Policies to Overcome the Negative Effects of Structural Adjustment Programs on African Female-Headed Households
Jean M. Due
The structural adjustment programs (SAPS) initiated by the International Monetary Fund and the World Bank and supported by donors are stimulating many tropical African economies through an infusion of foreign exchange, increased agricultural prices, devaluation of overvalued currencies, improved marketing policies, liberalization of important sectors of the economies, and increased competition from the private sector. This paper will argue that the 25 percent of the rural households which are female-headed will not benefit from these policies. In addition the consumption-oriented policies within the structural adjustment programs-- reduced expenditures for health (including family planning) and education in particular--have adversely affected female-headed and low- resource households in both urban and rural sectors. Many of these households are forced to bear heavier burdens of food, education, and health costs and are locked into a permanent cycle of poverty. The paper suggests some supplementary policies to assist the most adversely affected families.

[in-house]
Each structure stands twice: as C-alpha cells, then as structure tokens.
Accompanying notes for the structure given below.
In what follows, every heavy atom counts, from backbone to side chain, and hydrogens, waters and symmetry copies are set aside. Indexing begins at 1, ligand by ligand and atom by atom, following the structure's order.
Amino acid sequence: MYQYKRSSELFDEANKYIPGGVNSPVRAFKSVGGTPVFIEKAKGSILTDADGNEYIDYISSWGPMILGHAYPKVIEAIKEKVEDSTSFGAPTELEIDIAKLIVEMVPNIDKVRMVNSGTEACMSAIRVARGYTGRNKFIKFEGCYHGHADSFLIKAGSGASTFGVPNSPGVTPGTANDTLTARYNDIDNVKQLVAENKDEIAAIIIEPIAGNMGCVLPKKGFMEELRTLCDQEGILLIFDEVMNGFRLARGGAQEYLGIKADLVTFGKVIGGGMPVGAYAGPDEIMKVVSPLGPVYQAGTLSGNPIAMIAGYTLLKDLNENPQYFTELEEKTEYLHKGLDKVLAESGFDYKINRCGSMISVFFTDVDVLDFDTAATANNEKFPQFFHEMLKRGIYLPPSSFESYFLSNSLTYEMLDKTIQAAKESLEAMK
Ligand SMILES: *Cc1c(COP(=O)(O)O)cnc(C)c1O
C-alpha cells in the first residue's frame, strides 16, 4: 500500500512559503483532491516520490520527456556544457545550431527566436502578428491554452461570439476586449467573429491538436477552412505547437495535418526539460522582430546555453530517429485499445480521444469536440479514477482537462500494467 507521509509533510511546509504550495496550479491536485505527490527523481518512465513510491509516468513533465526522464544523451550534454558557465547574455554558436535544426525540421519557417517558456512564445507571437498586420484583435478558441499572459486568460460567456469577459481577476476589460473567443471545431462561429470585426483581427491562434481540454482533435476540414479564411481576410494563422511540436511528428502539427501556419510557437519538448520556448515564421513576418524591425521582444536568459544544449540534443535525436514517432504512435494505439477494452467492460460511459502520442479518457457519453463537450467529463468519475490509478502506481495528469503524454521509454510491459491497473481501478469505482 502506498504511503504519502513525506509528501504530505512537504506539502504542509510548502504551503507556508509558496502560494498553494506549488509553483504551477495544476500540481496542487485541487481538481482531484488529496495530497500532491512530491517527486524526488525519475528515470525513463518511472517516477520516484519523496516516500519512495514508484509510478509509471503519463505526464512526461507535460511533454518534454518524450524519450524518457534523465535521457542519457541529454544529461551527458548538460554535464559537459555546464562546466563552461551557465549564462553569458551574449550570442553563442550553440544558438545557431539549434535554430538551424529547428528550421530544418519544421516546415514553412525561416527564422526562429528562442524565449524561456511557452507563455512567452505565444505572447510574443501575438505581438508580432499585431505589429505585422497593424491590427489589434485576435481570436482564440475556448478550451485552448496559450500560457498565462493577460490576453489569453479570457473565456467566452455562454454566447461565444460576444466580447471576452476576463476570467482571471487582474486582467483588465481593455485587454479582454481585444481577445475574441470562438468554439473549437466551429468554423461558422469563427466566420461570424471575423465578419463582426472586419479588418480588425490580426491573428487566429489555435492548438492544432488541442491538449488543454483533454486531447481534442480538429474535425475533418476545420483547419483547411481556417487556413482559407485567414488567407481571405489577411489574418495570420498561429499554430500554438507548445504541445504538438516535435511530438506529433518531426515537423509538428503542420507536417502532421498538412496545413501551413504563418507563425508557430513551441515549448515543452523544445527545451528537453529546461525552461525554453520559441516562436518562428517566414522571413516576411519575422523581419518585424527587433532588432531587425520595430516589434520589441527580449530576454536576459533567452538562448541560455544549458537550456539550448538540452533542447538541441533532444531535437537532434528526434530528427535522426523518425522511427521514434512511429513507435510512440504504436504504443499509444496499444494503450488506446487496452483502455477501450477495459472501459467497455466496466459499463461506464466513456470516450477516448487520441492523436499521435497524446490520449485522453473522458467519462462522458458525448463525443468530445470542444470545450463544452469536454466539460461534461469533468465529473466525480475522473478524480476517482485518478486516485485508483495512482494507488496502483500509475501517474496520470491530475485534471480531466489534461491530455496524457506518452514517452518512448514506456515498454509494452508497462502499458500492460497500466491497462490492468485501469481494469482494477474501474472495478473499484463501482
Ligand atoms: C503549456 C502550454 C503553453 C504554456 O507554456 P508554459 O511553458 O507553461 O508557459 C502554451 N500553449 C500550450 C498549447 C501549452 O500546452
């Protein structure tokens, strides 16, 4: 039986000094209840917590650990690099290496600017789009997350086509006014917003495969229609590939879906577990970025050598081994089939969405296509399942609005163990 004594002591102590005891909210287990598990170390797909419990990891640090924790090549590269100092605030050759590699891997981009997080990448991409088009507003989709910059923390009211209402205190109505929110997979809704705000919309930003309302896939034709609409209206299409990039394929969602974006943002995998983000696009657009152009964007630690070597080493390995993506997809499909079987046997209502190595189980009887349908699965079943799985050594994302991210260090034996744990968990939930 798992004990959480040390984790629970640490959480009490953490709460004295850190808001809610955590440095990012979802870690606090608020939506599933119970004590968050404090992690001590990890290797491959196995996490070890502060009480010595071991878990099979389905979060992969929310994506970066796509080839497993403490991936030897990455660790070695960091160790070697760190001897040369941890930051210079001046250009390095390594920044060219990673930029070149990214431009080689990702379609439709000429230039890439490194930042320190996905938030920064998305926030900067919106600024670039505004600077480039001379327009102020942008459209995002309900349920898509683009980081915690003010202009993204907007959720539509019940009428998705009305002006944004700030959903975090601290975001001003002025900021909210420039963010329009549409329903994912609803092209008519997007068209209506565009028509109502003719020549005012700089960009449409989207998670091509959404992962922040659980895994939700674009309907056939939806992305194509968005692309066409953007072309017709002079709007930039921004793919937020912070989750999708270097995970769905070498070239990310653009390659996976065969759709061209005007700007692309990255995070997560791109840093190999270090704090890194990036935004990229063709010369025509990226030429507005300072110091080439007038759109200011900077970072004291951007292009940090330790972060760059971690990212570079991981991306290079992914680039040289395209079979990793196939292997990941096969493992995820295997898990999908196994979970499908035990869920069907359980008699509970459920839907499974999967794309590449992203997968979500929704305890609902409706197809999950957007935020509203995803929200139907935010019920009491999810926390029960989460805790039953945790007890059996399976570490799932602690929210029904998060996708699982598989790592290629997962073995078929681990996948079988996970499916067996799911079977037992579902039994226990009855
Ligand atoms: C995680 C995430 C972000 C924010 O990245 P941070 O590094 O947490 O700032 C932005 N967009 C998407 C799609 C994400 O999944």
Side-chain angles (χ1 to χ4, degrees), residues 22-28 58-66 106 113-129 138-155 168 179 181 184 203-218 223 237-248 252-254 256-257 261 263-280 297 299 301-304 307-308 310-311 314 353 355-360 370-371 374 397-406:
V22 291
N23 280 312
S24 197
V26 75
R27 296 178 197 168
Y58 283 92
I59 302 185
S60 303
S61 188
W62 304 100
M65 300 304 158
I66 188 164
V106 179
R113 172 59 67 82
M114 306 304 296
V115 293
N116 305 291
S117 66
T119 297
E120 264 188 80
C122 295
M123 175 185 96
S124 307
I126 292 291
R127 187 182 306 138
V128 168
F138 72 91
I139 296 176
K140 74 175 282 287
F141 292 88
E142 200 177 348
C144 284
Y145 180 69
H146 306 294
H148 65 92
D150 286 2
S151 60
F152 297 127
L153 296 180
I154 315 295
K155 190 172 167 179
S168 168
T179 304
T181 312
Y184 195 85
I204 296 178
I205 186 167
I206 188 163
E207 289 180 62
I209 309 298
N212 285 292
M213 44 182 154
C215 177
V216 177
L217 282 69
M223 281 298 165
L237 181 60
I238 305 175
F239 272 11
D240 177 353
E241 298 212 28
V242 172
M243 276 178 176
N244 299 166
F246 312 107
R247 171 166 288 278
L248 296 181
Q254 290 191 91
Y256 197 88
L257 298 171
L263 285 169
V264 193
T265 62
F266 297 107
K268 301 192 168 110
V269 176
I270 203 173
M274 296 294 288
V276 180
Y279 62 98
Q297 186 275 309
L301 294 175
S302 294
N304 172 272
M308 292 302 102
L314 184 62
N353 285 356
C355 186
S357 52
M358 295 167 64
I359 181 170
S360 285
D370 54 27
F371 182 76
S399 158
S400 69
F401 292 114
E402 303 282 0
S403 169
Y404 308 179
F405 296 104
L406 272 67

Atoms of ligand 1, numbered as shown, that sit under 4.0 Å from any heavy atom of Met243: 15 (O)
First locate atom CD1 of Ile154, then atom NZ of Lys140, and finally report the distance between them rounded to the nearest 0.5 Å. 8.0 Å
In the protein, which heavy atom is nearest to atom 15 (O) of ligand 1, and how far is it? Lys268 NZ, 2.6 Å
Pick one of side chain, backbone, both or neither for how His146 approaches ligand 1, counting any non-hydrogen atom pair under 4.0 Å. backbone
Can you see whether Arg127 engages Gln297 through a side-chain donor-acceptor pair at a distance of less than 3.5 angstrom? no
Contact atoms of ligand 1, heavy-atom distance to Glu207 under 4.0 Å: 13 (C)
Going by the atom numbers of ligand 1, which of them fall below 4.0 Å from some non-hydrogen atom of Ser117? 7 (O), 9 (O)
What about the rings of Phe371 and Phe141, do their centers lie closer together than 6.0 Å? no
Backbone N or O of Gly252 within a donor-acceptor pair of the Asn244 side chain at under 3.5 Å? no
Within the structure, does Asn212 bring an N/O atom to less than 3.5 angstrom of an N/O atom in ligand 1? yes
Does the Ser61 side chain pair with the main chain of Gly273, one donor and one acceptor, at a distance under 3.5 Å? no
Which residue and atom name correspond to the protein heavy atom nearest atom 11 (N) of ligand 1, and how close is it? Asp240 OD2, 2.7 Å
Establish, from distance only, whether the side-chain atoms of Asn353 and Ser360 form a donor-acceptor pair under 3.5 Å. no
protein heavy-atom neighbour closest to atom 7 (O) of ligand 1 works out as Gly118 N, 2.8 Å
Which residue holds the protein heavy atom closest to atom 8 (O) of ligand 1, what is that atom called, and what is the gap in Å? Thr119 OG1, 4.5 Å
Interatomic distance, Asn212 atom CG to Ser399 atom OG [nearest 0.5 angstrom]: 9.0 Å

There is no doubt that action had to be taken to stop the decline of most economies in tropical Africa in the mid-1980s. With declining foreign
Jean M. Due is Professor of Agricultural Economics, University of Illinois at Urbana- Champaign. She has a Ph.D. from University of Illinois, years of research experience in East and Southern Africa, and is the author of Costs, Returns, and Repayment Experience of Ujamaa Villages in Tanzania, 1973-1976, as well as numerous articles about the economics of East Africa and women farmers in international journals such as Agricultural Economics. Her current research analyzes funding sources for women's income generation and evaluates income-generating projects in different African countries.